RLS is a neurological disorder that affects about 10% of the adult population. It involves an involuntary and uncontrollable urge to move your legs and involves unpleasant sensations and throbbing in the legs that causes the person to have difficulty falling and staying asleep which affects all parts of their daytime functioning. This urge to move happens mostly at night or during long periods of stillness or relaxation.
In the majority of cases the cause is unknown and it is often mis-diagnosed as nervousness, insomnia, stress, arthritis, muscle cramps, or aging. There is evidence that shows it is related to a disruption in the neurotransmitter dopamine. It occurs twice as much in women. And while it may begin at any age, it worsens as you get older.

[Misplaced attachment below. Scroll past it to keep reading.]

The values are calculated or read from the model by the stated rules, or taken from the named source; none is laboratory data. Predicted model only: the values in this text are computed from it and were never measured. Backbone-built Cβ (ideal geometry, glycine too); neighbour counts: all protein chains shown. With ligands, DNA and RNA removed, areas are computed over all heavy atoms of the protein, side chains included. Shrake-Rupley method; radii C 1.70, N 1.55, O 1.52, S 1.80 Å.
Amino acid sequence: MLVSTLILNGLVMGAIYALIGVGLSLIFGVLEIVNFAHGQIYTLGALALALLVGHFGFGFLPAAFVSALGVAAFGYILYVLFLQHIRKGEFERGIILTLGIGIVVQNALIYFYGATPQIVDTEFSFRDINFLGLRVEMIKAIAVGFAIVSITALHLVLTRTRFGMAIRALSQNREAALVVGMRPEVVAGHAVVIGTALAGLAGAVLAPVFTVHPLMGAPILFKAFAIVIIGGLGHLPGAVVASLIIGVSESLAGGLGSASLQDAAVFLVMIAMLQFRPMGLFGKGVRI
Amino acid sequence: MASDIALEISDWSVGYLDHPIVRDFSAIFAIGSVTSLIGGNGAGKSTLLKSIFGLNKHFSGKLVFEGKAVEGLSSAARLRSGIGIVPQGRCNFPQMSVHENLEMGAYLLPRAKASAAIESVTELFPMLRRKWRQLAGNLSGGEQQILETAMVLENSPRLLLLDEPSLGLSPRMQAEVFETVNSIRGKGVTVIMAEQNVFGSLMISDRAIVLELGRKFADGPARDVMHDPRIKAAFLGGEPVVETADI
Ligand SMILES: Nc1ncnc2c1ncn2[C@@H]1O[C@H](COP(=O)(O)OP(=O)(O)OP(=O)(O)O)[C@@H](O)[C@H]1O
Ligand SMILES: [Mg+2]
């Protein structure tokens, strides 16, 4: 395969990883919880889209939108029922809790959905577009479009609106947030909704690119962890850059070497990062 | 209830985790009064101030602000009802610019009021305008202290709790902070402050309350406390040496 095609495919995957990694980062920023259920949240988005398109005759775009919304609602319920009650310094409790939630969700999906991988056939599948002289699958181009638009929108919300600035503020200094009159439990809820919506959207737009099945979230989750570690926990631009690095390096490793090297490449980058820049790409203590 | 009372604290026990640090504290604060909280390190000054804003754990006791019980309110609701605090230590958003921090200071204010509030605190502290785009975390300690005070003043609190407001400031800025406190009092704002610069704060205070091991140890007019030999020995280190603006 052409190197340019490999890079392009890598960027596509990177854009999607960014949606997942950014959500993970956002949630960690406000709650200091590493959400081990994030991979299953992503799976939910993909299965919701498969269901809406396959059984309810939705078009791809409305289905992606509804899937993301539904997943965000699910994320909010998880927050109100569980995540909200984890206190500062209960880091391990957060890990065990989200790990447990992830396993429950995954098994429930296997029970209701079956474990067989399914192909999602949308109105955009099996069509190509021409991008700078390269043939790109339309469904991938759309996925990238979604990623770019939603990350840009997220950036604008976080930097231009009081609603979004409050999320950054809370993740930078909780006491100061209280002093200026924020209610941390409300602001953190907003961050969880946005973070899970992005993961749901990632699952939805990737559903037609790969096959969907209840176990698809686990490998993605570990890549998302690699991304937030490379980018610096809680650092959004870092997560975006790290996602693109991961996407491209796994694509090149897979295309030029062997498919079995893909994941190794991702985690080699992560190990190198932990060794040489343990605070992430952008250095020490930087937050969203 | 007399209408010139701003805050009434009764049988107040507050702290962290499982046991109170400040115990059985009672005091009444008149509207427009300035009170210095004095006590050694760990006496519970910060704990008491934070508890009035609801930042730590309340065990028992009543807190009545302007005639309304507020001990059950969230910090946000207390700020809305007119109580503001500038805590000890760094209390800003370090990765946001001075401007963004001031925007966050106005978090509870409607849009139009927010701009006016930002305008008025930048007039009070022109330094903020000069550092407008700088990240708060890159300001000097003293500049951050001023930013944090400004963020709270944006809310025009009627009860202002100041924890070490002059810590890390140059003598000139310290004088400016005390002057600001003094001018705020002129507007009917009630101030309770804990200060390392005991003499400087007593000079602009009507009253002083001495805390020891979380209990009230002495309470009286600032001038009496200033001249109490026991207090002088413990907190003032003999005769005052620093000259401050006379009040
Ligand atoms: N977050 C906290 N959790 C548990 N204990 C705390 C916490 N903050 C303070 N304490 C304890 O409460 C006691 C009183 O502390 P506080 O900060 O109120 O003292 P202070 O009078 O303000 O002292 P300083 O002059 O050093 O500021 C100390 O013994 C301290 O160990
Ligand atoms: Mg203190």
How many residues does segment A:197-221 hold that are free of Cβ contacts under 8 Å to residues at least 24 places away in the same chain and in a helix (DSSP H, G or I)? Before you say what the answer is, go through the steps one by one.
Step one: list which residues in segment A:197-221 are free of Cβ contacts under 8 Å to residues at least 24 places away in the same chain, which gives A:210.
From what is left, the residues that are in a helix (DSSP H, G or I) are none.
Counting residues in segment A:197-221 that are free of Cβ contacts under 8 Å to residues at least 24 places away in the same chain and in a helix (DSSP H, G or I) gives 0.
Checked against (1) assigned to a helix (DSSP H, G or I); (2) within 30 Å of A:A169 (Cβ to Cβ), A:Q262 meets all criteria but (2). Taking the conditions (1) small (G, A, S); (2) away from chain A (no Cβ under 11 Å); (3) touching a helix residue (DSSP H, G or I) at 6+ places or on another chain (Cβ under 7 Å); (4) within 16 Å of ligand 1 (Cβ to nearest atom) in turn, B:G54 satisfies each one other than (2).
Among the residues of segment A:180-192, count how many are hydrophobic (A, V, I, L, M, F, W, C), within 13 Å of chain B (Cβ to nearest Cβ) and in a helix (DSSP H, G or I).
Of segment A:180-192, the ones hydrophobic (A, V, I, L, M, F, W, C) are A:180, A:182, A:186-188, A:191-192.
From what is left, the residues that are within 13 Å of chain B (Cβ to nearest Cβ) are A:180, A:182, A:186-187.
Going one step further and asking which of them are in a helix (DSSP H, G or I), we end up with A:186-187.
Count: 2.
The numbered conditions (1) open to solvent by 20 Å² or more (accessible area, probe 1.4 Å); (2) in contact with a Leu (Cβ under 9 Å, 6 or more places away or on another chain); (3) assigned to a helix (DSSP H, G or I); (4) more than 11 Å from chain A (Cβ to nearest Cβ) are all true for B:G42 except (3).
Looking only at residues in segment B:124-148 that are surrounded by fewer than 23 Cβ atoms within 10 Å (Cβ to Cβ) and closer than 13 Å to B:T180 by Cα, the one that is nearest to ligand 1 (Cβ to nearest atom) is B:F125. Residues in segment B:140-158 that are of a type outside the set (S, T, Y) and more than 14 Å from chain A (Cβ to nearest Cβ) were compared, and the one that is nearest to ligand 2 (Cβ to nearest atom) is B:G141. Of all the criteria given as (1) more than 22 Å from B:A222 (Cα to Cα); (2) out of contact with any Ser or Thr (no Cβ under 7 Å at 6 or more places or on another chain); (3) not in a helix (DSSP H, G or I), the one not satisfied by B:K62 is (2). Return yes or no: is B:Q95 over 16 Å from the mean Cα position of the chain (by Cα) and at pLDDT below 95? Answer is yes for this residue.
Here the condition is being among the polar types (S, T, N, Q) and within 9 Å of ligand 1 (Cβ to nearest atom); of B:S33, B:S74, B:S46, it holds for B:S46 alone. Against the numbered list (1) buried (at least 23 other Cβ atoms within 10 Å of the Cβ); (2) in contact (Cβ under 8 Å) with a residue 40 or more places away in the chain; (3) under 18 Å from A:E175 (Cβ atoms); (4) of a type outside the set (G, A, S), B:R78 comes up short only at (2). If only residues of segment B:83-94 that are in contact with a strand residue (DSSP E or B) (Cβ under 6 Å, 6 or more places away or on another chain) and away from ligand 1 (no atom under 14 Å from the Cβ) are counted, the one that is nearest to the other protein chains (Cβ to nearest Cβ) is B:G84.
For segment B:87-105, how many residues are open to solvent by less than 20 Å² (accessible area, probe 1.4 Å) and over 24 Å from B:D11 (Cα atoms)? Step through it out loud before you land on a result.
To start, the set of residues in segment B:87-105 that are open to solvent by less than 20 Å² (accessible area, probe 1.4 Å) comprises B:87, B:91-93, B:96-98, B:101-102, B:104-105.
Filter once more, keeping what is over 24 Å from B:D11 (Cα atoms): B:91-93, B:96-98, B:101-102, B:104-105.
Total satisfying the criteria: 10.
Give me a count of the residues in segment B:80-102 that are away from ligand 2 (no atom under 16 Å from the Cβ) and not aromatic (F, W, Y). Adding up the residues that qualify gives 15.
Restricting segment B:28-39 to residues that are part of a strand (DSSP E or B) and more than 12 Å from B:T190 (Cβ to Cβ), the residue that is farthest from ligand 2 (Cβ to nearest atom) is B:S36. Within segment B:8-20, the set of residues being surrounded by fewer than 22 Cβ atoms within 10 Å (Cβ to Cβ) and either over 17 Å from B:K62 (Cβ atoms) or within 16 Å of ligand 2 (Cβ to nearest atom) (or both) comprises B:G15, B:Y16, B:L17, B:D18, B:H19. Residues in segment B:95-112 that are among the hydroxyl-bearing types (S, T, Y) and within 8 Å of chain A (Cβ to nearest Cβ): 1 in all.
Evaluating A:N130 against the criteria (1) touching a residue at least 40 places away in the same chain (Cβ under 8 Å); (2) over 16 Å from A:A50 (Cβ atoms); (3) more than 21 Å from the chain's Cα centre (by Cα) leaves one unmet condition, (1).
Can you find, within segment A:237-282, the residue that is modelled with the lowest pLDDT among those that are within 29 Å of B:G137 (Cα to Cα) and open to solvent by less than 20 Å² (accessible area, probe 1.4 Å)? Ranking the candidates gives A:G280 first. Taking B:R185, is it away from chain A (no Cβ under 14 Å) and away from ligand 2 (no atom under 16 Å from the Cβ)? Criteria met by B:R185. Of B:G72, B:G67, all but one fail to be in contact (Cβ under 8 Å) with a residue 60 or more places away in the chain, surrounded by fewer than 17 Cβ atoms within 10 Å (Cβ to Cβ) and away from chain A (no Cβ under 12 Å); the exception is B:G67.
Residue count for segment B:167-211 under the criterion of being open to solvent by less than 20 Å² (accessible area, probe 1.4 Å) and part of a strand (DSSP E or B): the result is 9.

Moving your legs usually relieves the sensation so people with RLS often keep their legs in motion while sitting, tossing and turning in bed, or pacing the floor at night.
Because RLS is usually a lifelong condition with no cure, relieving symptoms and discomfort are the main focus of treatment. Limiting caffeine, alcohol and tobacco, maintaining a regular sleep schedule, iron, folate and magnesium supplements and treatment with dopamine can all help. Exercise regularly, with particular attention to walking as much as possible as well as yoga and stretching. You can also take a hot bath, use a heating pad or ice pack and massage the legs before going to bed.
Medications are usually helpful but no single medication effectively manages RLS for all individuals so there will be some trial and error.